Congress must pass stablecoin legislation, top crypto group tells lawmakers
As Congress considers the future of crypto, a leading trade association is urging lawmakers to start with stablecoin legislation.
The Blockchain Association—composed of top companies including Kraken, Ripple, Anchorage Digital, and Grayscale—released a letter, shared exclusively with Fortune, to House Financial Services Committee chair Patrick McHenry (R-N.C.) and ranking member Maxine Waters (D-Calif.) on Thursday ahead of a pivotal hearing on crypto.
“There’s pretty much a bipartisan, bicameral consensus, as well as within the administration, that something needs to be done on stablecoins,” Kristin Smith, CEO of the Blockchain Association, told Fortune. “It’s very clear that this is something that Congress needs to legislate.”
Stablecoins have emerged as a major point of contention in the debate over crypto legislation. The digital tokens are typically pegged to underlying assets, such as the U.S. dollar or gold, but can also be backed through a blockchain-based algorithm. TerraUSD, which collapsed in May and helped spur the ongoing Crypto Winter, is an example of an algorithmic stablecoin.
While companies like Circle and Paxos argue that stablecoins provide an essential service by offering users an on-ramp into the crypto ecosystem and enabling financial accessibility, lawmakers have grappled with how to approach the diverse—and often risky—landscape.
In November 2021, the President’s Working Group on Financial Markets published a report recommending that Congress work to enact legislation establishing a federal framework for stablecoins, a sentiment later echoed by Treasury Secretary Janet Yellen during testimony before Congress in May 2022.
The vacuum has led to disagreement between regulators on how to classify stablecoins. The Securities and Exchange Commission, led by Gary Gensler, has told the crypto firm Paxos that it plans to sue the company for violating investor protection laws, alleging that its stablecoin, Binance USD, is an unregistered security. In contrast, the Commodity Futures Trading Commission’s Rostin Behnam said at a Senate Agriculture hearing on Wednesday that he believed stablecoins were commodities, barring a new regulatory framework.
McHenry and Waters came close last congressional session to introducing a bipartisan stablecoin bill, with McHenry expressing confidence at an October conference in D.C. that they could work out differences over state and federal regulation. He described the status of the legislation as an “ugly baby.”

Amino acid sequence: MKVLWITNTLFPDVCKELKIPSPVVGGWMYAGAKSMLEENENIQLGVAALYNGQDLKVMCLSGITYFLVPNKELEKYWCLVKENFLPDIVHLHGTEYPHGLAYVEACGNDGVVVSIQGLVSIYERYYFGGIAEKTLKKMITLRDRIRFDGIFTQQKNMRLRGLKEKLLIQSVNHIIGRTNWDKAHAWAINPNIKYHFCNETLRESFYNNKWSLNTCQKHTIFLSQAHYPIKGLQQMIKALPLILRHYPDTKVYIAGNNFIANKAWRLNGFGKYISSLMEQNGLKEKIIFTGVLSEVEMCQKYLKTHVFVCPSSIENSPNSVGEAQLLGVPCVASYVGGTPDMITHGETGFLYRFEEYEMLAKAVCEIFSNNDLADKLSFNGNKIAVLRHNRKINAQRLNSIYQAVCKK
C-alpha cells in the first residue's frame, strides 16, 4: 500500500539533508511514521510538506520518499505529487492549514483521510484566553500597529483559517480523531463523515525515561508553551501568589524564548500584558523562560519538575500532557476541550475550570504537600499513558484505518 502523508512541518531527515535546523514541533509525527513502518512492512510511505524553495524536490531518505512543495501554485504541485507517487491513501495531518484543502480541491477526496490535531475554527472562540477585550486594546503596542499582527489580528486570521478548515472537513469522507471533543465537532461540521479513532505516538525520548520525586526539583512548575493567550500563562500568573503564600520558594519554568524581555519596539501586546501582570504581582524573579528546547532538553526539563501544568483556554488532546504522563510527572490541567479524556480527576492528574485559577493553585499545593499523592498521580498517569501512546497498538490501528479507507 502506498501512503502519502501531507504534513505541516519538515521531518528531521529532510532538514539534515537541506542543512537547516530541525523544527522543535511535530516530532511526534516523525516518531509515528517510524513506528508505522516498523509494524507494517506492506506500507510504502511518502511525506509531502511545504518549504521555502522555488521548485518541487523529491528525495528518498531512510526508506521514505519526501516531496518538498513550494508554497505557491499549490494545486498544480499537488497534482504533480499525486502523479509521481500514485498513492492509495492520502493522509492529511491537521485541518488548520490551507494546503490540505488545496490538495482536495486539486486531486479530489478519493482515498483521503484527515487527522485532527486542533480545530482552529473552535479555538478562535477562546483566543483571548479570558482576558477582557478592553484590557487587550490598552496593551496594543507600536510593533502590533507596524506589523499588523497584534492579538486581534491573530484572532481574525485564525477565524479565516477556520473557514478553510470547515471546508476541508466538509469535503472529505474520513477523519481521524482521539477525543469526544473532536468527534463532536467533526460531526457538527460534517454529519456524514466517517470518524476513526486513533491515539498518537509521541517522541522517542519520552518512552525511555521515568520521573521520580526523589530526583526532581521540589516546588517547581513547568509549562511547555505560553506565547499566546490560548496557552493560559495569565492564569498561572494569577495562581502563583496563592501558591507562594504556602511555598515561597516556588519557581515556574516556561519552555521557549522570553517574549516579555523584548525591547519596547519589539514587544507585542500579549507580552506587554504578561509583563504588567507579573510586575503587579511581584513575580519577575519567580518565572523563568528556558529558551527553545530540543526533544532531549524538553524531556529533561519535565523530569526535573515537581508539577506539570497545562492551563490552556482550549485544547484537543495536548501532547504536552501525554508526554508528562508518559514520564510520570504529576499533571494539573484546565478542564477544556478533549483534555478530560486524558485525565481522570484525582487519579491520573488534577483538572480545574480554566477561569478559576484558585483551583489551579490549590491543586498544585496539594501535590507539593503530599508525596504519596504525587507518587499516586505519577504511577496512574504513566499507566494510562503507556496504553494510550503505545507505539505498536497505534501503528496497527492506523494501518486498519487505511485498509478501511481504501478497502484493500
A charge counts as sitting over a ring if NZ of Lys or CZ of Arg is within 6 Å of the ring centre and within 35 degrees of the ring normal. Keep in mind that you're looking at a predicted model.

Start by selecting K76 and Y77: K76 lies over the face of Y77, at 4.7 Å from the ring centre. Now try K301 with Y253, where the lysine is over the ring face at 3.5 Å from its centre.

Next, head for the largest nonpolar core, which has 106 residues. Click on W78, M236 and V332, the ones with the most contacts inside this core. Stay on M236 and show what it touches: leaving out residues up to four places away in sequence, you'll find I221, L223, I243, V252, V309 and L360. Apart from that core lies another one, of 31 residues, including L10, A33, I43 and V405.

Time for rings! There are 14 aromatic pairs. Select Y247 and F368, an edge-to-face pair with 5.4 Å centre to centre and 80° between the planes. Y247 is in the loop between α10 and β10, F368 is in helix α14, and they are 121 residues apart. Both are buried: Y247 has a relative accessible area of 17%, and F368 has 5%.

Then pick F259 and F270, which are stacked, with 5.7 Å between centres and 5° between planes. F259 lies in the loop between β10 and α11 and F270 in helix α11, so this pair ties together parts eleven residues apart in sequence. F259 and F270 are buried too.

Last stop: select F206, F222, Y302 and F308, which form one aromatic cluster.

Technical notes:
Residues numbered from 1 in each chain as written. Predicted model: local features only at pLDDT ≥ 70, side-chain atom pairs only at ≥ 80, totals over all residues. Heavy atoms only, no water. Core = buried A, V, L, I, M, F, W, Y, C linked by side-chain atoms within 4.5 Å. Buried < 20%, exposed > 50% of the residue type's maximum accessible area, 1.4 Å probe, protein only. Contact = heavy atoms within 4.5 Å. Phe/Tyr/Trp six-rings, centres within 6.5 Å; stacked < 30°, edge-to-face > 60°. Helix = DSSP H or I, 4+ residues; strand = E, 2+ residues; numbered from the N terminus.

Blockchain Association chief policy officer Jake Chervinsky noted that stablecoins are an area where many crypto companies are calling for robust oversight.
“This is us being proactive and coming out to say, this industry understands the importance of regulation,” he told Fortune.
The Blockchain Association laid out a set of recommendations for legislation, which Smith and Chervinsky argued would help lawmakers differentiate between different classes of stablecoins. This includes focusing on “custodial” stablecoins—tokens that are issued, maintained, and redeemed by a firm that holds the backing assets—as well as ensuring that the reserves are maintained in high-quality, liquid assets—a criticism often levied against leading stablecoin Tether.
Other principles included in the letter relate to public disclosures and the types of companies allowed to issue stablecoins, with the Blockchain Association arguing that both insured depository institutions and non-bank firms should be included, as opposed to only firms with bank charters.
Chervinsky told Fortune that limiting stablecoin issuance to banks would create a “regulatory moat around legacy incumbents that don’t need any more help from the government in order to exclude innovators and competitors from the marketplace.”
The letter’s final point urges clarity around the prudential regulator that would oversee stablecoins. Given the diverging views between the SEC and the CFTC, the classification and regulation of stablecoins could emerge as a wedge between different agencies. Chervinksy argued that either the Federal Reserve or the Office of the Comptroller of the Treasury should regulate stablecoins, as opposed to the SEC or CFTC.
In a speech on Thursday on crypto, Federal Reserve Vice Chair Michael Barr noted that stablecoins have the potential to scale quickly and come with high operational risks, calling for federal prudential regulation and supervision.
“We must learn from the past to ensure that we do not allow for new forms of unregulated private money subject to classic forms of run risk,” he said.
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